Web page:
A COAT that can diagnose pneumonia is just one of the inventions that could change the lives of people living on the edge.

Invented by a young Ugandan who was shocked by the misdiagnosis that led to the death of his friend’s grandmother, the smart jacket eliminates most human error and can diagnose pneumonia three to four times faster than a medic.

Engineer Brian Turyabagye, 24, has called it Mamaope (Mother’s Hope) because of the estimated 500,000 children under the age of five who die from pneumonia in sub-Saharan Africa every year.

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In Uganda alone, 27,000 children die from the condition each year, many of them because of misdiagnosis, according to Turyabagye.

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“In the villages and remote areas, children get sick – and the first reaction is to treat them for malaria,” he explained. “Most people are aware of malaria, and the signs for malaria and pneumonia are very similar, so it is difficult for health professionals to differentiate.

“One of the processes that most doctors use is a stethoscope to the check the lungs. But pneumonia tends to be on side points around the body, not just in the chest or back. Mamaope’s accuracy of being able to diagnose what is healthy, and what is not, is very encouraging.”

It is hoped the jacket will be ready for use by spring this year.


DNA technology is also being used in a bid to improve the lives of many by identifying t-shirts that have been made using forced labour.

New York company, DNA Applied Science, started investigating cotton after discovering that many luxury brands, including ones labelled 100 per cent Egyptian cotton, were, in fact, fake.

“We became interested in cotton about 10 years ago, when we heard that many of the high quality cotton sold for a premium was not what it claimed to be,” said chief executive James Hayward.

The company is now collaborating with the US Department of Agriculture to develop technology that can trace the cotton fibres on an item of clothing back to its source.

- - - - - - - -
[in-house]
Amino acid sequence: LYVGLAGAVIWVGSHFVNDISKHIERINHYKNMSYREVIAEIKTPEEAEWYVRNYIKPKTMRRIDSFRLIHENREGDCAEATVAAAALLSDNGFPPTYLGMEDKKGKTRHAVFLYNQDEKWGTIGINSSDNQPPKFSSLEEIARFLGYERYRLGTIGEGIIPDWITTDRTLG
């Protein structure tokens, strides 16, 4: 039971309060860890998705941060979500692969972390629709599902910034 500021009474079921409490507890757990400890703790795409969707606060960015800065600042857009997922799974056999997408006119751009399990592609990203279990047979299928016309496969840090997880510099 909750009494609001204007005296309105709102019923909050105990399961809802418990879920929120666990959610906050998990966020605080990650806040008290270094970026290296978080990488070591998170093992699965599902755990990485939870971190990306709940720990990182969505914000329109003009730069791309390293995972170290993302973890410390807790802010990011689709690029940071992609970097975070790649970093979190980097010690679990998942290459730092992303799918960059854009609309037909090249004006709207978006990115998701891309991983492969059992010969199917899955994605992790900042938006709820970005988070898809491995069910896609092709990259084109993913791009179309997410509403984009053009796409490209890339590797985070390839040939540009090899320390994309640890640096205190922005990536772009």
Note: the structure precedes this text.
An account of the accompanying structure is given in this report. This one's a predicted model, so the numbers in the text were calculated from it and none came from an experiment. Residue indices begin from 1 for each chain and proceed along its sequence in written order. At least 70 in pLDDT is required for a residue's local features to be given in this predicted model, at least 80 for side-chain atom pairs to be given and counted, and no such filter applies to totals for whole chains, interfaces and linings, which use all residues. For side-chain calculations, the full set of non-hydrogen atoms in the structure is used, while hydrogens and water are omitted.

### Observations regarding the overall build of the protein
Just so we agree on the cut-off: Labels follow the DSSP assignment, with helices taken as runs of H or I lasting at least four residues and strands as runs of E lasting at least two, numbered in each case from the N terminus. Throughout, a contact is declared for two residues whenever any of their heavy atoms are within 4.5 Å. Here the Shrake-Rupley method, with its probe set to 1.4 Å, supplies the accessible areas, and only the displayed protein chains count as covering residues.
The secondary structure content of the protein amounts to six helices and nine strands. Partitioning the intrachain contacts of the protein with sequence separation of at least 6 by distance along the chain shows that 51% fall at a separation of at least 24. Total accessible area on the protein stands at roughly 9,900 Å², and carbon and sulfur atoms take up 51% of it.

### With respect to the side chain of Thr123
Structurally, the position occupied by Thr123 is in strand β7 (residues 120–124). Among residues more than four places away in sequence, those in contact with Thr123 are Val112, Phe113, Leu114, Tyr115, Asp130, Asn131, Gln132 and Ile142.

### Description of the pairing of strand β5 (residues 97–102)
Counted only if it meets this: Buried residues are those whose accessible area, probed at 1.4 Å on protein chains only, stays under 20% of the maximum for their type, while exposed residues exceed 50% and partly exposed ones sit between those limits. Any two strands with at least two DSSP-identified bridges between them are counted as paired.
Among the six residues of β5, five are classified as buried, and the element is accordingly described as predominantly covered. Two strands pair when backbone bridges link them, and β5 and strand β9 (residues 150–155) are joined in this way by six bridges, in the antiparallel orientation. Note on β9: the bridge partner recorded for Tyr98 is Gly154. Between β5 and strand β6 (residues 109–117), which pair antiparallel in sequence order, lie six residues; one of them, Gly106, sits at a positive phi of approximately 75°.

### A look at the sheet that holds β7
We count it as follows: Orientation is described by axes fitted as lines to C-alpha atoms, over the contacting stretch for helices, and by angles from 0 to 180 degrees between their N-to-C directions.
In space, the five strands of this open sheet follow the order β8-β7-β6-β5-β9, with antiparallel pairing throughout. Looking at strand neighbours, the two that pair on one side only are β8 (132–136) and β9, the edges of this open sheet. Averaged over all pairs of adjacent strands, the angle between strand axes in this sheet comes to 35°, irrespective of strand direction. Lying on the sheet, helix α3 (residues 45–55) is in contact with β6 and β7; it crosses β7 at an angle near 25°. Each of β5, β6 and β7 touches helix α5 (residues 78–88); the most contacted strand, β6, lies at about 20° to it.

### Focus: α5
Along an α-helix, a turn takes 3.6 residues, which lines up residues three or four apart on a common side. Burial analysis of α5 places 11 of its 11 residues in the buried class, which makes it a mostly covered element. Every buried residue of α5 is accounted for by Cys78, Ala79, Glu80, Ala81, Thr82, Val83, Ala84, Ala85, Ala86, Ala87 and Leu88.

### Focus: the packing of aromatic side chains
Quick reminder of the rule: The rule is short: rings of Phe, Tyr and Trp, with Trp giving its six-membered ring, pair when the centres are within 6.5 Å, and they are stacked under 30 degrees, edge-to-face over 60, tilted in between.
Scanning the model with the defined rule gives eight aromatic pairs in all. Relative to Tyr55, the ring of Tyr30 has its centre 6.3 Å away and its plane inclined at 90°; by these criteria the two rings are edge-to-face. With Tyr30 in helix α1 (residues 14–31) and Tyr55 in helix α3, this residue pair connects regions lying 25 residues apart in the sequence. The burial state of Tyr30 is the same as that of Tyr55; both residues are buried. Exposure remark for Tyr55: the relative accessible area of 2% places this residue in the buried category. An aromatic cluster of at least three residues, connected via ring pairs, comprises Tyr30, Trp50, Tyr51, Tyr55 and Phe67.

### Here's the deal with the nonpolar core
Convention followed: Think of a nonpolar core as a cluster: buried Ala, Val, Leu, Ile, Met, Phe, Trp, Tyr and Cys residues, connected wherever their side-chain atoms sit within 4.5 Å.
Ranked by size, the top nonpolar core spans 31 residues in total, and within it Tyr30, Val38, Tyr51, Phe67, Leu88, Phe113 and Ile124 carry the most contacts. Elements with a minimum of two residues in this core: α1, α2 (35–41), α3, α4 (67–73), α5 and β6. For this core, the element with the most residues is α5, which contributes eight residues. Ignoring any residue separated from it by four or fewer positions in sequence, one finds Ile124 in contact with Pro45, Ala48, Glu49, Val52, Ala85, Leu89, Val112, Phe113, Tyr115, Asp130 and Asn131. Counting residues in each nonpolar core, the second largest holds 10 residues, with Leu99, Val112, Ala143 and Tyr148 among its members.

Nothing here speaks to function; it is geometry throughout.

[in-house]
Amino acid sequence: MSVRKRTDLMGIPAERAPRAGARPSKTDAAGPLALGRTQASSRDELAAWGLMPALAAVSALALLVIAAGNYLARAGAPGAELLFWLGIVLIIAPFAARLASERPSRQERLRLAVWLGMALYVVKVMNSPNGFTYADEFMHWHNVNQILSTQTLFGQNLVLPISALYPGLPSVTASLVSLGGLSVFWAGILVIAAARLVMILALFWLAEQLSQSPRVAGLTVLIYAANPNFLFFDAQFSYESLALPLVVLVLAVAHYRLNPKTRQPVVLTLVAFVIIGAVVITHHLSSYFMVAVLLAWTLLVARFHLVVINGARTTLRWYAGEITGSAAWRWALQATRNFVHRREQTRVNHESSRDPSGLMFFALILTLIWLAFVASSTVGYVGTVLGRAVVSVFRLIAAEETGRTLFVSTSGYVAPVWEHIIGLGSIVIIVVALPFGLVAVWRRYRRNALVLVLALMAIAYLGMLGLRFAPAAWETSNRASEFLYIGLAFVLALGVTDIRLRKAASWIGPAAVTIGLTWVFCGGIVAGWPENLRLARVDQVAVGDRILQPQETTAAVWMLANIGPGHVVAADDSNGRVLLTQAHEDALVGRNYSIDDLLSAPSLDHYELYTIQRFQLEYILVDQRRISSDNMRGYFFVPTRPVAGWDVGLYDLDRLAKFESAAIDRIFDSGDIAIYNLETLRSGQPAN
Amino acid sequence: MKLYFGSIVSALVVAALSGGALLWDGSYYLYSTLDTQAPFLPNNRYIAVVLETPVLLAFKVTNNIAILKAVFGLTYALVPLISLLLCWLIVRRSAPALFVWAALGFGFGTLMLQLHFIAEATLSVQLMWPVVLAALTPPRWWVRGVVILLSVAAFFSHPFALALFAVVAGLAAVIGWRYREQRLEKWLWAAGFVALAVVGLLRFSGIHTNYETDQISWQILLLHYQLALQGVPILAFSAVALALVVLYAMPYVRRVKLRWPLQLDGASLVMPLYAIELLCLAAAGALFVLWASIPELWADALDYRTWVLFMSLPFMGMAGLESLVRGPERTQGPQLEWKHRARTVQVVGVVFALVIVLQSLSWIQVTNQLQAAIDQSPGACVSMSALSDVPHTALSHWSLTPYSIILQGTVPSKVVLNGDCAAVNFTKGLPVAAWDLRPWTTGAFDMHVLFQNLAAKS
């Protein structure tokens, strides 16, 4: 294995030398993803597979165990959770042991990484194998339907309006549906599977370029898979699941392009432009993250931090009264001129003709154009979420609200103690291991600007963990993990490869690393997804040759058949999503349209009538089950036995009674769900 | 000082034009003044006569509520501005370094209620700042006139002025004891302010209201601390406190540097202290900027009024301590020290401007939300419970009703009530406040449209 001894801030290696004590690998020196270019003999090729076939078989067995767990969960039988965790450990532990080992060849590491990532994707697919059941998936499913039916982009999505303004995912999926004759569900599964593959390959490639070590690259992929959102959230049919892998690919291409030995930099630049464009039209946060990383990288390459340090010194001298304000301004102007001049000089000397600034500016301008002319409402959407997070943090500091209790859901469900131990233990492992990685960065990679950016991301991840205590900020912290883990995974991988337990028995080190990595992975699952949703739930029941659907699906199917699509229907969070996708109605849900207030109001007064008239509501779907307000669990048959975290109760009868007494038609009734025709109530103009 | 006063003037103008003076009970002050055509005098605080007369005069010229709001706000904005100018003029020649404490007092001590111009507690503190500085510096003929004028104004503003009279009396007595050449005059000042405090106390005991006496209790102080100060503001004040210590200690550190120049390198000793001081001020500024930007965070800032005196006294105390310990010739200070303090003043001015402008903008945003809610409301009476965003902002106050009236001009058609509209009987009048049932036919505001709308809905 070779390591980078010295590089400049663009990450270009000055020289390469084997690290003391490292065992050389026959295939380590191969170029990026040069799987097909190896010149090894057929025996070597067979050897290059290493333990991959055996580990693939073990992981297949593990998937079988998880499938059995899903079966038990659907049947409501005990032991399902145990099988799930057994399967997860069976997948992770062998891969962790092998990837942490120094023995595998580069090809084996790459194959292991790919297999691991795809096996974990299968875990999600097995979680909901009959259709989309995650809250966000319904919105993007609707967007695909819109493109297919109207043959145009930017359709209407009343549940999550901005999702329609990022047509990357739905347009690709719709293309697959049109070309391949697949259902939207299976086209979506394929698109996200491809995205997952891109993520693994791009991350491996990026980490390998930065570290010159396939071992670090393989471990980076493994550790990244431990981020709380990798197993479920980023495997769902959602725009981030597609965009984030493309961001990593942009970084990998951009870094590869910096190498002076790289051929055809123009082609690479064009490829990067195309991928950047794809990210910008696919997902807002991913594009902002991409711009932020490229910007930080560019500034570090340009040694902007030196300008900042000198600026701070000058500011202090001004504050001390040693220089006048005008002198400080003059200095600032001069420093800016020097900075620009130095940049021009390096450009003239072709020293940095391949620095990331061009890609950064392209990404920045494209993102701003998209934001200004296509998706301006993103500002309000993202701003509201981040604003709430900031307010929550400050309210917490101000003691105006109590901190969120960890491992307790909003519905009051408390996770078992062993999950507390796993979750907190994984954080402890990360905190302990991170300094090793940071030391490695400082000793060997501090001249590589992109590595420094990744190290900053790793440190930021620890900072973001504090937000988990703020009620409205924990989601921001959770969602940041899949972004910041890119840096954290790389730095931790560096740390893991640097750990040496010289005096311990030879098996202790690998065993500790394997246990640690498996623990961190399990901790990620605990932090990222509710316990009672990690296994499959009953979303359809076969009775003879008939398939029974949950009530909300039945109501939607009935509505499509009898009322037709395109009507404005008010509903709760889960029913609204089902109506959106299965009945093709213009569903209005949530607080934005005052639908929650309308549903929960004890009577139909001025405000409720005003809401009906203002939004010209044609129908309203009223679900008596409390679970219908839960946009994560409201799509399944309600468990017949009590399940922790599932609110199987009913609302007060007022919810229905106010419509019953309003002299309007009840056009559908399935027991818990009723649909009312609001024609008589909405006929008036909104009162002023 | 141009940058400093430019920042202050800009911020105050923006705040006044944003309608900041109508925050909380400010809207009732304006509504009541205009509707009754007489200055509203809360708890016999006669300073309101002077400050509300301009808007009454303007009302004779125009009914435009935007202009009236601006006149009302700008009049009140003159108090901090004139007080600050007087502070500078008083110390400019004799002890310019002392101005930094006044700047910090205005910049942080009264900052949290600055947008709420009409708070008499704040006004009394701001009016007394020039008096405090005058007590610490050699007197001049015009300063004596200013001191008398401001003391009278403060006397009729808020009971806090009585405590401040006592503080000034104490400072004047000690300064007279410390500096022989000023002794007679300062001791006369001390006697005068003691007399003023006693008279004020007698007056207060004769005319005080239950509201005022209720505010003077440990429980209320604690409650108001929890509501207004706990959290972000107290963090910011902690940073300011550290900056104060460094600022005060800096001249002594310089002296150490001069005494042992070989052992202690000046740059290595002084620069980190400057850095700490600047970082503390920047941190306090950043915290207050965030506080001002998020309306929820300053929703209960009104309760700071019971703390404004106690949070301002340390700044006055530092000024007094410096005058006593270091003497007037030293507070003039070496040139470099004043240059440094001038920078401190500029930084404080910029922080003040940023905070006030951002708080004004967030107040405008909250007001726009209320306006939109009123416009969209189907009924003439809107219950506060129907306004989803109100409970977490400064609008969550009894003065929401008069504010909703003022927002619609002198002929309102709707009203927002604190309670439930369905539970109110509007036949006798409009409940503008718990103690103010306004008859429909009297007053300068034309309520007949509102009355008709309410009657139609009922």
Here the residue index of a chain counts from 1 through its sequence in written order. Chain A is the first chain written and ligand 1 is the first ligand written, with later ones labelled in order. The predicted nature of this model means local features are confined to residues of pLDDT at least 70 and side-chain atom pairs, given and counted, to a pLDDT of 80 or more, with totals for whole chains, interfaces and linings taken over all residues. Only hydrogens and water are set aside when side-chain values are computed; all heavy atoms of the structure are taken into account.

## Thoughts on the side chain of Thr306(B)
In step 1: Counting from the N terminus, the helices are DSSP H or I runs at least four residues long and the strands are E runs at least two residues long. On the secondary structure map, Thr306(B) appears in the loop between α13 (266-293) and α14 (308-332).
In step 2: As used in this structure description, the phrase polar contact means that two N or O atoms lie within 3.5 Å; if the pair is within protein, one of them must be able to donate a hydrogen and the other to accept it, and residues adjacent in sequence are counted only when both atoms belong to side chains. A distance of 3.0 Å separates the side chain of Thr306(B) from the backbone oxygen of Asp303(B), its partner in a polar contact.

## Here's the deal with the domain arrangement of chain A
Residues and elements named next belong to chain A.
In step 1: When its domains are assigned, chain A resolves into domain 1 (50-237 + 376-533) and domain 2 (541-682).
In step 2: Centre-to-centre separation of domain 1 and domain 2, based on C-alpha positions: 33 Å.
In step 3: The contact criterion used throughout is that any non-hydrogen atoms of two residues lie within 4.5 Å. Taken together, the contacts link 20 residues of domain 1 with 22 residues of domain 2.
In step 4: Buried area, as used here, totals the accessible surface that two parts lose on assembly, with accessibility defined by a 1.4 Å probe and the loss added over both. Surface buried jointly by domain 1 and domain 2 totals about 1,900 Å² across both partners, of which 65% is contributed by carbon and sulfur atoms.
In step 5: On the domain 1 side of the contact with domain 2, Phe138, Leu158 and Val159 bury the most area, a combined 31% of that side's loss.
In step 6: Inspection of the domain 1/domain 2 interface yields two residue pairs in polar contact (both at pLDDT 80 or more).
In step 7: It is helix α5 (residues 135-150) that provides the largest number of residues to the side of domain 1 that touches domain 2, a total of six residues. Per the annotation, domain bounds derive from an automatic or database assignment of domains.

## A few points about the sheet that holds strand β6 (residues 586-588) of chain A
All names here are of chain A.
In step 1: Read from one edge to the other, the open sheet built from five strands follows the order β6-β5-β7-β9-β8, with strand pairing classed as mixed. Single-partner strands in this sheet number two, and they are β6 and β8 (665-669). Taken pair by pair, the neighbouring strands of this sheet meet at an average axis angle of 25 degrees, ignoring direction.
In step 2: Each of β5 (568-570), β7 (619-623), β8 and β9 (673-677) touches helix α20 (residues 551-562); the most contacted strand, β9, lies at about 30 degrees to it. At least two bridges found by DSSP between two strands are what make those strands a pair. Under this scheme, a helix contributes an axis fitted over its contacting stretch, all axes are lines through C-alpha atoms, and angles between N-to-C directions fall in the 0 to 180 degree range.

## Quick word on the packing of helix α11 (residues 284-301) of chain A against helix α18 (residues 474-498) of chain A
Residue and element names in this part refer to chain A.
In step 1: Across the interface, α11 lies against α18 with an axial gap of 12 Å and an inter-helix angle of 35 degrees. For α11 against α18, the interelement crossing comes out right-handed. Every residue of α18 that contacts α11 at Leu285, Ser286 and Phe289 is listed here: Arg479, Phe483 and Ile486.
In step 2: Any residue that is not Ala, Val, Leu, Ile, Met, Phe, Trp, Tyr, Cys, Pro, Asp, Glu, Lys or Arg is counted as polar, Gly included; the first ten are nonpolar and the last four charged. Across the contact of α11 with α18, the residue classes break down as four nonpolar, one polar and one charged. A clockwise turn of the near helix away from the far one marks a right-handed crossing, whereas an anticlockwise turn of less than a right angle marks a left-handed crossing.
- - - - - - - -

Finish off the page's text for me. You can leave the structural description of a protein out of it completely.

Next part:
Each cotton plant has different DNA and Hayward has already shown that it is possible to identify high quality cotton like Pima or Egyptian from lower quality, cheaper brands.

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“We proved back in 2009 that up to 80 per cent of the cotton sold as Pima is not,” said Hayward. “We thought the same was true for Egyptian cotton.”

Cotton is grown in over 100 countries and the supply chain is complex, making it simple for crooked producers to mix cheaper cotton into bales – some of which could have been picked by forced labour.


LAST year, Target, the US retailer, had to call back 750,000 pillow cases and sheets from its outlets after it was discovered they had been made with cheap cotton but falsely labelled as Egyptian. The company said an internal investigation showed Welspun India, one of the biggest textile producers on the planet, had used low instead of high quality cotton, although there was no evidence it had been picked using forced labour.

A botanical DNA tag, which acts as a molecular barcode, has now been developed by Hayward’s team. It can be sprayed on the fibre before it is baled so it can be regularly tested as it makes its way along the supply chain.

“We go to the locations and verify whether they are 100 per cent cotton every step of the way,” says Hayward. “It keeps the retailers from being cheated.”

The team is now working to identify the DNA of every species of cotton which would mean that retailers and customers will know if it has come from countries using forced labour.

They have already identified differences between some US varieties and cotton grown in Uzbekistan, one of 13 countries where forced labour is known to be used, according to Hayward.

“A retailer can have unwittingly included cotton that has been harvested with child or adult slaves,” he said. “We will soon be able to check the finished product. We are working our way to the stage of being able to identify the cotton from finished goods.”


ANOTHER innovation that could vastly improve the lives of many people around the world is being developed by the University of Glasgow.

Landmines and Improvised Explosive Devices (IEDs) kill or maim more than 4000 children and adults every year. Injuries can be devastating but a team at the university is using technology to develop artificially grown “off the shelf” bone replacements.

The £2.8m regenerative medicine project will use a 3D printer to make bone “scaffolds” coated with a growth substance.

They will then be put into the novel NanoKick bioreactor developed by Professors Matthew Dalby of the University of Glasgow and Stuart Reid of the University of the West of Scotland to stimulate bone formation and speed up delivery of lab grown bone to patients.

“In principle, the technology is very flexible and can be used for the needs of all sorts of different patients, including children,” said Professor Manuel Salmeron-Sanchez, the project lead.

“The aim will be to create a bone ready to be delivered in a couple of days anywhere in the world and which can then be used on a human being to minimise the impact of the injury as soon as possible.

“In the future there is the possibility that we could have small 3D printers in place in different countries with basic surgical theatres where the technology could be incorporated,” he said.